NOOSA – If I may mix a couple of metaphors, it seems that former Melbourne Grammar boy cum rumoured O’Neill government ‘fixer’, David (Silver Fox) Johnson, has gone to ground after setting the cat amongst the pigeons.
On Wednesday last week, PNG businessman Emmanuel Narakobi shared on Facebook a post by airline company, Ajot, about how it had, on behalf of the PNG government, flown 40 luxury Maserati sedans from Milan to Port Moresby for use during next month’s APEC forum.
Their purchase and means of eventual disposal have been subject to conflicting stories from various PNG ministers including the prime minister. Let us just say the whole deal – which involved in some capacity former Sri Lankan cricket great Aravinda de Silva – is very murky.
Minutes after Narakobi shared the article, he was contacted by a person with a Facebook account called ‘Silver Fox’, who messaged: “You must immediately take down posts of Maserati [or] APEC security act will be inacted [sic]”.
The same person then contacted Narakobi by SMS - “Need you to immediately take down FB posts concerning recent airport photos... It is a security risk under APEC joint task force... Please call me, David Johnson.”
The implied threat, asserting that the APEC Safety and Security Act 2017 would be invoked, worked. Narakobi immediately took down the post and so it seems did Ajot, which apparently had been sent a similar message.
But none of this went unnoticed. Opposition MP Bryan Kramer expressed his anger, scores of other people on social media agreed with him, the incident was shared far and wide, and Silver Fox went to ground.
Johnson is an Australian expatriate who arrived in Papua New Guinea sometime in 2015. He lives in Lae where he established a financial advisory business, acquiring a shelf company and registering himself as the sole director and shareholder of Karama Consulting Limited.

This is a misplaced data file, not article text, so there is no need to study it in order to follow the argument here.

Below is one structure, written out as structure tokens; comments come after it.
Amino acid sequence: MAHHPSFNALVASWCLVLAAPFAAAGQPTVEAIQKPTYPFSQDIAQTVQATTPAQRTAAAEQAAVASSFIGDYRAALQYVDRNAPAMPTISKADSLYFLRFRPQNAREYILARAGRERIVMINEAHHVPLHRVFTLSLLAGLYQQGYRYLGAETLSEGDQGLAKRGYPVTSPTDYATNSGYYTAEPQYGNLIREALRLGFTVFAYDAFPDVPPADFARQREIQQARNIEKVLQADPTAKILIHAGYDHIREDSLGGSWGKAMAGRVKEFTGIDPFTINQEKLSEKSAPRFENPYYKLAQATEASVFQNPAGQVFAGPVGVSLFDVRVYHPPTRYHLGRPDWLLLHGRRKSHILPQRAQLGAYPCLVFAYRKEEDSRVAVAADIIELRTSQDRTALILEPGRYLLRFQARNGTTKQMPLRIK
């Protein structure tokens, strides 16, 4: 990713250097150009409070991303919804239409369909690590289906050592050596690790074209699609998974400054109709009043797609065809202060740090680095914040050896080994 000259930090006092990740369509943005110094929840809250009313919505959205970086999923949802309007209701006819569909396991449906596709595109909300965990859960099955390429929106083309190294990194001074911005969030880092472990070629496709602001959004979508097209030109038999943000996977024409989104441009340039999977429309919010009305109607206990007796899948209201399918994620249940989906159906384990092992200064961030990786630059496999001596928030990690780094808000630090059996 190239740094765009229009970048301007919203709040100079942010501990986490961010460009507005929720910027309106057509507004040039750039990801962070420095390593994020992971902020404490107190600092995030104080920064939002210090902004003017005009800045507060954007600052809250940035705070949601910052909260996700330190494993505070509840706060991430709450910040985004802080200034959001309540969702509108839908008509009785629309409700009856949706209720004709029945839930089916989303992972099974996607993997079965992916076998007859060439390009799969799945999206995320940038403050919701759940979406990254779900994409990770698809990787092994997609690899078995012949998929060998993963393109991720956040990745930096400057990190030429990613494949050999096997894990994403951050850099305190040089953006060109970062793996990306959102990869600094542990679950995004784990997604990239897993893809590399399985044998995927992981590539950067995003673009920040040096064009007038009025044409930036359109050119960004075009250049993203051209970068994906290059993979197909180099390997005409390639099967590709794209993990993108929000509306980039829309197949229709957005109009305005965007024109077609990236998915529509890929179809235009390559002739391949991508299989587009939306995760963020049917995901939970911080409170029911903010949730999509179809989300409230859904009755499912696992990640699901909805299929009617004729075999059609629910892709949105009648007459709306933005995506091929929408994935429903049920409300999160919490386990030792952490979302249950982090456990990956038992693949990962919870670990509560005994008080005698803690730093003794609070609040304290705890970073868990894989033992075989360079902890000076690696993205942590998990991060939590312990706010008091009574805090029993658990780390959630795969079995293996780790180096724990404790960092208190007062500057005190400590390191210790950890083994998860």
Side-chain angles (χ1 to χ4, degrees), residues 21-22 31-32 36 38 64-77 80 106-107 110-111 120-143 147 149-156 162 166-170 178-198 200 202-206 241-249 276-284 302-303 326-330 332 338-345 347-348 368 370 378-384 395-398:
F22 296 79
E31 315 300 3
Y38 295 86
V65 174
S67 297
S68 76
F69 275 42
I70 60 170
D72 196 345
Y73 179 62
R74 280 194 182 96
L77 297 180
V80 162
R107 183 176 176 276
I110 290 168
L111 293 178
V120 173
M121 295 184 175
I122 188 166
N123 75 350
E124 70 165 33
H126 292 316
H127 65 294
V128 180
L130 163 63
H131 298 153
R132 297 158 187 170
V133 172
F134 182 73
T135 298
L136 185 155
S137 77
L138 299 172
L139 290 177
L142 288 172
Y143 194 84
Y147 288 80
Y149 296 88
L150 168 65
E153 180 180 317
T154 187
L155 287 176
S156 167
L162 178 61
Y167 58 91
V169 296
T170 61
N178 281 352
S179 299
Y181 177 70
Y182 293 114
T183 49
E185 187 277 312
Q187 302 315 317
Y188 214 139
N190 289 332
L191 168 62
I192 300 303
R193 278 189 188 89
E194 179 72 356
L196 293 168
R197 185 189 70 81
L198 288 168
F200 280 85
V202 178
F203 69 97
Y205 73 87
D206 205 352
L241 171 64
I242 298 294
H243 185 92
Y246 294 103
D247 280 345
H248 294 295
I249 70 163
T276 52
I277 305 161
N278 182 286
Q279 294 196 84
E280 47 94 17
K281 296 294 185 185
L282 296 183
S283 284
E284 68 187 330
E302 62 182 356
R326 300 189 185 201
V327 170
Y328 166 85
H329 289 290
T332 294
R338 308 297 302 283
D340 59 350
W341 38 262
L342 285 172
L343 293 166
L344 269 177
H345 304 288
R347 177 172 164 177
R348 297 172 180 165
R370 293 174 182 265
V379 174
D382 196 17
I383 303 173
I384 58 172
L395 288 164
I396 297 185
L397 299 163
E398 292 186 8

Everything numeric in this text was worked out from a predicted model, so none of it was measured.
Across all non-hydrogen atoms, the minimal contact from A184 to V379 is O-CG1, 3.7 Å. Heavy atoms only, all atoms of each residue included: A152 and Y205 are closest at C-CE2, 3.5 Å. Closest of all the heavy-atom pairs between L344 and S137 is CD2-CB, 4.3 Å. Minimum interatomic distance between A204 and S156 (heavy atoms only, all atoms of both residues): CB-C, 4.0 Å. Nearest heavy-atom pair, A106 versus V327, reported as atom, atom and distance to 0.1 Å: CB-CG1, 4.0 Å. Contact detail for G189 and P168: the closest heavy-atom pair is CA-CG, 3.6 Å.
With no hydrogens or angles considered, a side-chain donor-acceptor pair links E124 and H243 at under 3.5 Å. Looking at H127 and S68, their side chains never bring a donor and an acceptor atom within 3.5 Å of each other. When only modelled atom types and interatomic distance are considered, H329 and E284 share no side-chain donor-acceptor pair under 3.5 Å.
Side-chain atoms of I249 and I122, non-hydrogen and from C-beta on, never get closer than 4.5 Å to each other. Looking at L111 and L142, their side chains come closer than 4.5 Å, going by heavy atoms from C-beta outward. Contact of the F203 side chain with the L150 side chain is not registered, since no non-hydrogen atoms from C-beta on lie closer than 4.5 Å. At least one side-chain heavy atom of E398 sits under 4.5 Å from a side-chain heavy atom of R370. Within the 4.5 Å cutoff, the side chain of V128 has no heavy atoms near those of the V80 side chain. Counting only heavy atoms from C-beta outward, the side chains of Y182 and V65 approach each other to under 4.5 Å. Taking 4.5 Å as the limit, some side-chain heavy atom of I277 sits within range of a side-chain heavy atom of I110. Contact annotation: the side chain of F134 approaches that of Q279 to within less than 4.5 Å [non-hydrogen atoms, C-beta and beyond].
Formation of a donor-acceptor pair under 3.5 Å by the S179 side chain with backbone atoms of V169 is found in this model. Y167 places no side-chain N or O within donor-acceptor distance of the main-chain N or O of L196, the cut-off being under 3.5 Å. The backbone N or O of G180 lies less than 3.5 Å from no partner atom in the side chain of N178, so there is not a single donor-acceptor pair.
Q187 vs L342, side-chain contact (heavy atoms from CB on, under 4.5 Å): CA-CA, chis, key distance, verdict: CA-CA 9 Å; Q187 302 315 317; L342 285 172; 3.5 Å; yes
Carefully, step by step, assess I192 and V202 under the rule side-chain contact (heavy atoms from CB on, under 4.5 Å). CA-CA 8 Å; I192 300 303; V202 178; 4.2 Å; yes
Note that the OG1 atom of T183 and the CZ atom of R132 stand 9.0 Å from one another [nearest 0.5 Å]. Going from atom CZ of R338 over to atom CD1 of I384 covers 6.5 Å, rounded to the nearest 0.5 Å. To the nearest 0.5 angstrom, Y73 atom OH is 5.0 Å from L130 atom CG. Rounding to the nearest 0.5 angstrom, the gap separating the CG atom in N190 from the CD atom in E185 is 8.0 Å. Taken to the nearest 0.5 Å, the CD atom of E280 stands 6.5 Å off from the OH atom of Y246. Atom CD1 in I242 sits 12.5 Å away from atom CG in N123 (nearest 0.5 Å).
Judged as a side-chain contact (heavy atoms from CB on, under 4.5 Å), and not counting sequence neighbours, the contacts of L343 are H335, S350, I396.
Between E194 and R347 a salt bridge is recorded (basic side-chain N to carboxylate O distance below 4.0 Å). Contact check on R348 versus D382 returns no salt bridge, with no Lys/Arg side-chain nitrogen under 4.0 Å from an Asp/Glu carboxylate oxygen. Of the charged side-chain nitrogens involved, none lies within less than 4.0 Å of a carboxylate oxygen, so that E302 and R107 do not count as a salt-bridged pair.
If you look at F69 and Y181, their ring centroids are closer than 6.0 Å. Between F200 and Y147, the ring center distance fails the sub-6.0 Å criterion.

He’s an old boy of the prestigious Melbourne Grammar School and an alumnus (bachelor of economics) of Monash University. Johnson’s Linked In account also says he’s a member of the Australian Institute of Chartered Accountants.
Last year was a busy year for Johnson. He is said to have worked for the electoral commission during the controversial national election, although there is no suggestion he did or knew about anything improper, and registered two other companies, Karama Developments Limited (residential and commercial property development) and Karama Health Limited.
Linked In also reveals him as a one-time consultant to the PNG Institute of Technology, presumably in his financial advisory capacity.
In 2018 it appears Johnson has broadened his range of interests to include APEC and cyber security and he is widely believed to operate as a ‘fixer’ - someone who fixes problems - for Peter O’Neill and his cronies.
One source told me that Johnson’s intervention in this case sounded like "a well-intentioned warning of somebody who is trying to loyally serve an institution.”
While the opinion of another was that “as a former property developer, I don’t think he has a clue about human rights and democracy. He’s associating with the wrong people in the wrong team.”
Whatever, right now Silver Fox seems to be lying low and waiting for the controversy to subside. But he has annoyed many influential people, even though the politicians who have publicly chastised him are not in government.
David Johnson has learned the hard way that, if you want to be an effective ‘fixer’, the first step is avoid drawing attention to yourself.